Saturday, 26 August 2017

Dog Poo: Get the Message

Just last week I told you about my encounter with an Orton resident whom I had observed throwing a bag of dog poo into a tree. We're getting pretty used to this kind of behaviour in Orton, sadly. But today I learned that it's a big, stinky problem in Ferry Meadows too.

Julie Howell by the dog poo tree
Not what you expect to see when you look up into a tree


In a bold, brave and eye-catching move, the team at Ferry Meadows has 'decorated' a tree and the area around it with bags of 'dog poo' to show visitors how much poo the rangers have to pick up in a single week. Given there are dog bins everywhere you look in Ferry Meadows it really is very disappointing to learn how big this problem has become for the park.

Dog poo sign in English
It would be great to have signs in other languages 


I think the installation is great (not everyone agrees). However, I think there is one key way in which it could be improved. As far as I could see, the only signage explaining the point of the dog poo tree was in English. Very many visitors to Ferry Meadows do not have English as their first language, and some do not speak or read any English at all. To be truly inclusive, and to make sure the message reaches everyone who walks their dog in Ferry Meadows, the Nene Park Trust should create sign language in all of Peterborough's most frequently spoken languages. We take it for granted that everyone appreciates that dangers of dog poo but I'm not convinced that this is so.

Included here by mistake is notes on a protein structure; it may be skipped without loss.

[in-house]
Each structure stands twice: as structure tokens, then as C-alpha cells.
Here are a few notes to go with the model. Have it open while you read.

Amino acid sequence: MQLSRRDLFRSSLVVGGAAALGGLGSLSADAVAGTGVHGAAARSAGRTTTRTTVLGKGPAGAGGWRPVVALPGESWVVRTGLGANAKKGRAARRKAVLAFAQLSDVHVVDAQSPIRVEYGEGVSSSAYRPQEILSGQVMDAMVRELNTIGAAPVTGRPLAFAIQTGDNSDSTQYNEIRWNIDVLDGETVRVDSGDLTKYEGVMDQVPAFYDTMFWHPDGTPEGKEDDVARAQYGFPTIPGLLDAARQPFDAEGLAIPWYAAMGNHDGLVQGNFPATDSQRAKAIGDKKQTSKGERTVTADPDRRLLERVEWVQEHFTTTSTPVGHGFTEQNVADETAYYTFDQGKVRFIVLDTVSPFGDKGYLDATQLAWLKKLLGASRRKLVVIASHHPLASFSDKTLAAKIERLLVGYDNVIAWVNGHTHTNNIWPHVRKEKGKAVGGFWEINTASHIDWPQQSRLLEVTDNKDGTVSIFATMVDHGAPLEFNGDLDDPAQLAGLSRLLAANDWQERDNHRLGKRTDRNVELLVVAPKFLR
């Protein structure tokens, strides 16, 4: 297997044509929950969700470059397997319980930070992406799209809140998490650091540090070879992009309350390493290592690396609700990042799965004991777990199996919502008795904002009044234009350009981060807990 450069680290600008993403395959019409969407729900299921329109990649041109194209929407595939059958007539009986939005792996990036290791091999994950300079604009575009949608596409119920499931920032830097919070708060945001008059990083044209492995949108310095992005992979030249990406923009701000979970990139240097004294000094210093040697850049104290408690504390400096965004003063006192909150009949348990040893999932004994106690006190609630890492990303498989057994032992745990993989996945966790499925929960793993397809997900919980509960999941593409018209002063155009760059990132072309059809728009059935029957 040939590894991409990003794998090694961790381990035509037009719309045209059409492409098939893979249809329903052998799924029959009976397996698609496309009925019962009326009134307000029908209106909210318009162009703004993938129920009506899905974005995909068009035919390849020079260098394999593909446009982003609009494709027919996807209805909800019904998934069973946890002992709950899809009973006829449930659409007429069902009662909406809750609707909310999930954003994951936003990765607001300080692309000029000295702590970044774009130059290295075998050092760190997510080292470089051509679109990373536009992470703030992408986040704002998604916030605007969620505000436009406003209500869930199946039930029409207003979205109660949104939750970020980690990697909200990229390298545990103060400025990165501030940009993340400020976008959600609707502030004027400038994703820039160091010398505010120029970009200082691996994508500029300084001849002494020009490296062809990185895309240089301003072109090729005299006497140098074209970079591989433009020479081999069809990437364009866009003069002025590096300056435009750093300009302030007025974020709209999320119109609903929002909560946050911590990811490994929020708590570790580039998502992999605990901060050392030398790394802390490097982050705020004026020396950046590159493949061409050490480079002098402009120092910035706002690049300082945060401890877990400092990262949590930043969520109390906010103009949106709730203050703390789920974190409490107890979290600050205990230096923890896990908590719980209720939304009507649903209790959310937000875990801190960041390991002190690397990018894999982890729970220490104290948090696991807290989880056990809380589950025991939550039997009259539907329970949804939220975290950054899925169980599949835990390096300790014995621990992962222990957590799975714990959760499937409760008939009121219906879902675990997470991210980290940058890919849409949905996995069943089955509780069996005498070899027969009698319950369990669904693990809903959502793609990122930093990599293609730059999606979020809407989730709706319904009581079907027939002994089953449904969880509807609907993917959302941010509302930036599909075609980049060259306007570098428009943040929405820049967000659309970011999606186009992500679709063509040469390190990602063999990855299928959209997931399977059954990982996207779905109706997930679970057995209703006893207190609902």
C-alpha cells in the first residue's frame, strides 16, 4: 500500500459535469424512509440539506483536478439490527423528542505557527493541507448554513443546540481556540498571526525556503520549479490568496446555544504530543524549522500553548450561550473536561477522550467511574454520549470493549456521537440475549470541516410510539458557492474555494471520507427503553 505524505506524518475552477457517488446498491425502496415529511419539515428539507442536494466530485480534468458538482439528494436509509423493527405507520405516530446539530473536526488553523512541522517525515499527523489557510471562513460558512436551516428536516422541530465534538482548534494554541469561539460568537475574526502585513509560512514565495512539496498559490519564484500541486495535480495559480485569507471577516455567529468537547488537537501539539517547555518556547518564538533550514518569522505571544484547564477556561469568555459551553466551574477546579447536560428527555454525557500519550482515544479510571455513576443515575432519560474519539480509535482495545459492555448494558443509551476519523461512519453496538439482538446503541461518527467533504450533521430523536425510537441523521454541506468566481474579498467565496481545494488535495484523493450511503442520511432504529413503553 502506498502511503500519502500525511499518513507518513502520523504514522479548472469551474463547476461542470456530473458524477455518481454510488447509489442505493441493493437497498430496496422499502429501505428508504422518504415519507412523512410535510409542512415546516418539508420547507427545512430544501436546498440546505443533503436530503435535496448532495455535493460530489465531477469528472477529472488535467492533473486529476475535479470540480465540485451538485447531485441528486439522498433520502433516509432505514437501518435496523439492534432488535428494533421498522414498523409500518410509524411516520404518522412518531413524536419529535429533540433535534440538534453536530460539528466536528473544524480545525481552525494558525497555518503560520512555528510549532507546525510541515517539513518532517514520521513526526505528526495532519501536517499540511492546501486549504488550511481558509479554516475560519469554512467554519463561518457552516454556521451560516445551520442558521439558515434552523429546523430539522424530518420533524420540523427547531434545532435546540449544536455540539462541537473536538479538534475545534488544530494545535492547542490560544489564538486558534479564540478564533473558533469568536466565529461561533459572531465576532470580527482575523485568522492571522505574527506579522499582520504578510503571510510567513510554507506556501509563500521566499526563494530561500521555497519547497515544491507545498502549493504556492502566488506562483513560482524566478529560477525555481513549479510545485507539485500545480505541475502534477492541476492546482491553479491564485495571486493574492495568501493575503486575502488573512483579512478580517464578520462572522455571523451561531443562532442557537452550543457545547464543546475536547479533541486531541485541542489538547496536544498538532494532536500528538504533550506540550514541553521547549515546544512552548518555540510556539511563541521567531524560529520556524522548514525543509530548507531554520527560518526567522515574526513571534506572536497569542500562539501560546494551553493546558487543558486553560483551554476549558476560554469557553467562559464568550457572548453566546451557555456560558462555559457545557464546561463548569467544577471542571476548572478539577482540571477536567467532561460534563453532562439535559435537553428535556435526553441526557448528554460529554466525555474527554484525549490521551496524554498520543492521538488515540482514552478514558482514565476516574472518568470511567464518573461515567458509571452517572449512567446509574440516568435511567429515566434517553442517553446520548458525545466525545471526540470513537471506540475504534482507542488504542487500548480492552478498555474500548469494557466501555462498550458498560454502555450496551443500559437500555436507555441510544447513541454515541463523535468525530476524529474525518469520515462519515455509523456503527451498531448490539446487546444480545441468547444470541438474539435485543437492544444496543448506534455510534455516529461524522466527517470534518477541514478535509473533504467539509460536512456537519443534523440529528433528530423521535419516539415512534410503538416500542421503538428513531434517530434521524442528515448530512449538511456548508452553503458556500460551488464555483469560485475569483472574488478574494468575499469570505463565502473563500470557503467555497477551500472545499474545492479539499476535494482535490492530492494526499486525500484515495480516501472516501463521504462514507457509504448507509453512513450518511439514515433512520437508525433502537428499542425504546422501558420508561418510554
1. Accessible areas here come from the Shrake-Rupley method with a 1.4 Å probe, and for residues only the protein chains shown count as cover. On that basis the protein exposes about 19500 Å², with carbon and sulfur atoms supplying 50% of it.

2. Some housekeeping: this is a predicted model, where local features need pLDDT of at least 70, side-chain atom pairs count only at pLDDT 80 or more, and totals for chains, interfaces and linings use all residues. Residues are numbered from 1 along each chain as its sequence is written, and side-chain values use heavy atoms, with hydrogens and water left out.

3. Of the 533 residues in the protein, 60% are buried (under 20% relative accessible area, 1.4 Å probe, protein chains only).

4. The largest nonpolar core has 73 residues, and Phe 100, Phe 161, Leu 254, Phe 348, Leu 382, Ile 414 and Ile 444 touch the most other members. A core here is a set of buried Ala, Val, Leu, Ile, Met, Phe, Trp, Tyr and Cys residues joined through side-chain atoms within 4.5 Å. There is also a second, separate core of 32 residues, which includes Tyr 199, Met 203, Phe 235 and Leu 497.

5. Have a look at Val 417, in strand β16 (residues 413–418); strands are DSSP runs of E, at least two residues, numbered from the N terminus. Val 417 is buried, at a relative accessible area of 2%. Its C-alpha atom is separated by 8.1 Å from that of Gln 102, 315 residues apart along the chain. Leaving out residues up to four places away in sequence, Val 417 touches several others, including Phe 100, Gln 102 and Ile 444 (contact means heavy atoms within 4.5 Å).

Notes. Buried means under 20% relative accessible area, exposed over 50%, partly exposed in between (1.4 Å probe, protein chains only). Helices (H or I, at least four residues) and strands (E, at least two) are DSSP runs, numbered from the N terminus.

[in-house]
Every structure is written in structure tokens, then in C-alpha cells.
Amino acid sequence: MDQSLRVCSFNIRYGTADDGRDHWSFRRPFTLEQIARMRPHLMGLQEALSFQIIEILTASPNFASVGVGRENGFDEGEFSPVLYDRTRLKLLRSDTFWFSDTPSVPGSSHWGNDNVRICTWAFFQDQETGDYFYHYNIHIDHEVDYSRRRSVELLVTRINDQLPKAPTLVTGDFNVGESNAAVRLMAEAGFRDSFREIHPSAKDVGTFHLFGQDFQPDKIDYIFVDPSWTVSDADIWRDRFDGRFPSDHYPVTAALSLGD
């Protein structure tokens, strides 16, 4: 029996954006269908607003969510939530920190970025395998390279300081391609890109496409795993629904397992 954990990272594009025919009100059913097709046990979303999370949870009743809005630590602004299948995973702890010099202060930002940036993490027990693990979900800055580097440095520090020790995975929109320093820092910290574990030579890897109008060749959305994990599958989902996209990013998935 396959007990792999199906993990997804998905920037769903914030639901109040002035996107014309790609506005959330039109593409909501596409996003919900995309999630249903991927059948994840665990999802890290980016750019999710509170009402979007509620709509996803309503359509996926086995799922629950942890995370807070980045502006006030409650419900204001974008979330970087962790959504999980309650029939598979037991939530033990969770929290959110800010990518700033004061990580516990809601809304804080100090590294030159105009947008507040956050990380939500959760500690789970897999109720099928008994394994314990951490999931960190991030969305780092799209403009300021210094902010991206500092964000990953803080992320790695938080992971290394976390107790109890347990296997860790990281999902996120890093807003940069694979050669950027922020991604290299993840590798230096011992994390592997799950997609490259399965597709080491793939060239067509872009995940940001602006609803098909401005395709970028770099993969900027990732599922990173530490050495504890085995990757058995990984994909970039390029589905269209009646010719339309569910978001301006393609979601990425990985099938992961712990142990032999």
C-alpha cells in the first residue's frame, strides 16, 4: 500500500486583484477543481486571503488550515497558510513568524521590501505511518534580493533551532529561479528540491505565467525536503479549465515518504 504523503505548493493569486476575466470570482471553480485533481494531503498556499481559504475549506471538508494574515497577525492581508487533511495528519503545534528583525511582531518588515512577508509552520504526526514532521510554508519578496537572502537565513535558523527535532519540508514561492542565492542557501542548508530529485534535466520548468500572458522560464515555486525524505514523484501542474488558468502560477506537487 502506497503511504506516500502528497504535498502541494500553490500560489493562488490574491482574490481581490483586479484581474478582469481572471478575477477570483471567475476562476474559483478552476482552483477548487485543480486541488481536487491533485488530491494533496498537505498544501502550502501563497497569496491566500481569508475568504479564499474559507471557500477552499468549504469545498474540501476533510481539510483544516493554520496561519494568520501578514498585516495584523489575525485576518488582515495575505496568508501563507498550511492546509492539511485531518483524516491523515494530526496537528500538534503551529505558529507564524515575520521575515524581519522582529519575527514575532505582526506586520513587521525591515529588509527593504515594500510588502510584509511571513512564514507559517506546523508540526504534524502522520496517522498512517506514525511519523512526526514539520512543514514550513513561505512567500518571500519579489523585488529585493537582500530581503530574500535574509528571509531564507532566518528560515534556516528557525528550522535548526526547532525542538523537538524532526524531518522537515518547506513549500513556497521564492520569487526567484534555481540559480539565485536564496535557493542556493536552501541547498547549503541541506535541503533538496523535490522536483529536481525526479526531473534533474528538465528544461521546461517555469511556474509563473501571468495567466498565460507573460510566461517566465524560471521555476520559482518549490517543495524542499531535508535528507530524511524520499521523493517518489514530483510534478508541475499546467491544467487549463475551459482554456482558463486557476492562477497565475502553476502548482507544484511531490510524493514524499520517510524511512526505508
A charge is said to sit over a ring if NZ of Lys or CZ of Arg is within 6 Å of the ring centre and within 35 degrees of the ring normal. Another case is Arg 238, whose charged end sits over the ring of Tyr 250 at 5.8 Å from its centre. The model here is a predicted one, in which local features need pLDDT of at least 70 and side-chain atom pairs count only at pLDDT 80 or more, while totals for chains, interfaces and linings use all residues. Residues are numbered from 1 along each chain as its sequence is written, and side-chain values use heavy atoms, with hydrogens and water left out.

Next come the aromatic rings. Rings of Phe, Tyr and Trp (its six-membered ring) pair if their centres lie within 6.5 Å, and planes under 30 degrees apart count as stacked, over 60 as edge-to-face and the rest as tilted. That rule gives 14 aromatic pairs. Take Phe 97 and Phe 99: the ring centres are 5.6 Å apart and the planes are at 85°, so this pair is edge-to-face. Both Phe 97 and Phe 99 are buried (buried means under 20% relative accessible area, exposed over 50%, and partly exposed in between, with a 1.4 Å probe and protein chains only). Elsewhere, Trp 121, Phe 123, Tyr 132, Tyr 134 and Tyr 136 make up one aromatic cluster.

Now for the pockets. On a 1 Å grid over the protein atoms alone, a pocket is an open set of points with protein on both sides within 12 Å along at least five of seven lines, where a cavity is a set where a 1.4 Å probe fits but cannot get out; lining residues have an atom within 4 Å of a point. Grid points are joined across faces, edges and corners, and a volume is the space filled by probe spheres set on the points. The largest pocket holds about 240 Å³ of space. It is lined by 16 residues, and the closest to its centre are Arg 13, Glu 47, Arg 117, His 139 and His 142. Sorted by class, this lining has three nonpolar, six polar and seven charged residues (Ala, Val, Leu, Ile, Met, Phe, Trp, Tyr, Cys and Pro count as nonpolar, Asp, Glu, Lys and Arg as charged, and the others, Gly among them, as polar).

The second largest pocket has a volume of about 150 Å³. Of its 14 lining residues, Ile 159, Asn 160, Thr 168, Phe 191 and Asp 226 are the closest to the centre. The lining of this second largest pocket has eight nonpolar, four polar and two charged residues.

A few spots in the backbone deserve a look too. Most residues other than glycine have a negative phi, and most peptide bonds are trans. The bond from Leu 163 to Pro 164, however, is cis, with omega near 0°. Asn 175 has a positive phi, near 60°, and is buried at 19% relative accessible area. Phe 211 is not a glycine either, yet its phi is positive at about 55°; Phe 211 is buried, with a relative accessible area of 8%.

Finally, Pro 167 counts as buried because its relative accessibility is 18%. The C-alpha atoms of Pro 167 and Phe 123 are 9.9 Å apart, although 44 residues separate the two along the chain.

Dog poo tree
That's an awful lot of dog poo.


p.s. the bags in this installation contain stones, not dog poo - I checked!

Thursday, 24 August 2017

Farewell Waterville Ash


Ash tree
Waterville Ash Tree.
How we'll all miss it when it's gone.

UPDATE Friday 1st December 2017

I appeared live on BBC Radio Cambs at the foot of the tree (at 7am!) to talk about why trees like the Waterville Ash are so important for Peterborough.



UPDATE Wednesday 11th October 2017

Some wonderful news and some sad news. 

Let's deal with the sad news first. The branches have now been removed from the tree and it now looks like this. The gloomy sky says it all.

Ash tree with branches removed
It's very hard to look at this without feeling emotional.
And now for the wonderful news.

Peterborough Green Party Chairman Roger Proudfoot's photograph has won the Peterborough Environment City Trust's (PECT) 'iconic trees' photography competition. Roger's wonderful photograph of the tree in all its magnificence will be framed and placed somewhere for the public to enjoy for years to come. 

Award-winning photo of the ash tree by Roger Proudfoot
Award-winning photo by Roger Proudfoot


UPDATE Monday 9th October 2017: The tree will be felled today. The city council and the parish council acknowledge how much this iconic tree means to local people. After 4:30pm today (NO EARLIER) residents are welcome to visit the site to collect a piece of felled wood as a memento of this historic tree. Only the crown (the branches) will be removed. The trunk will be left as a monolith while the parish council decides what to do with is after consultation with local residents.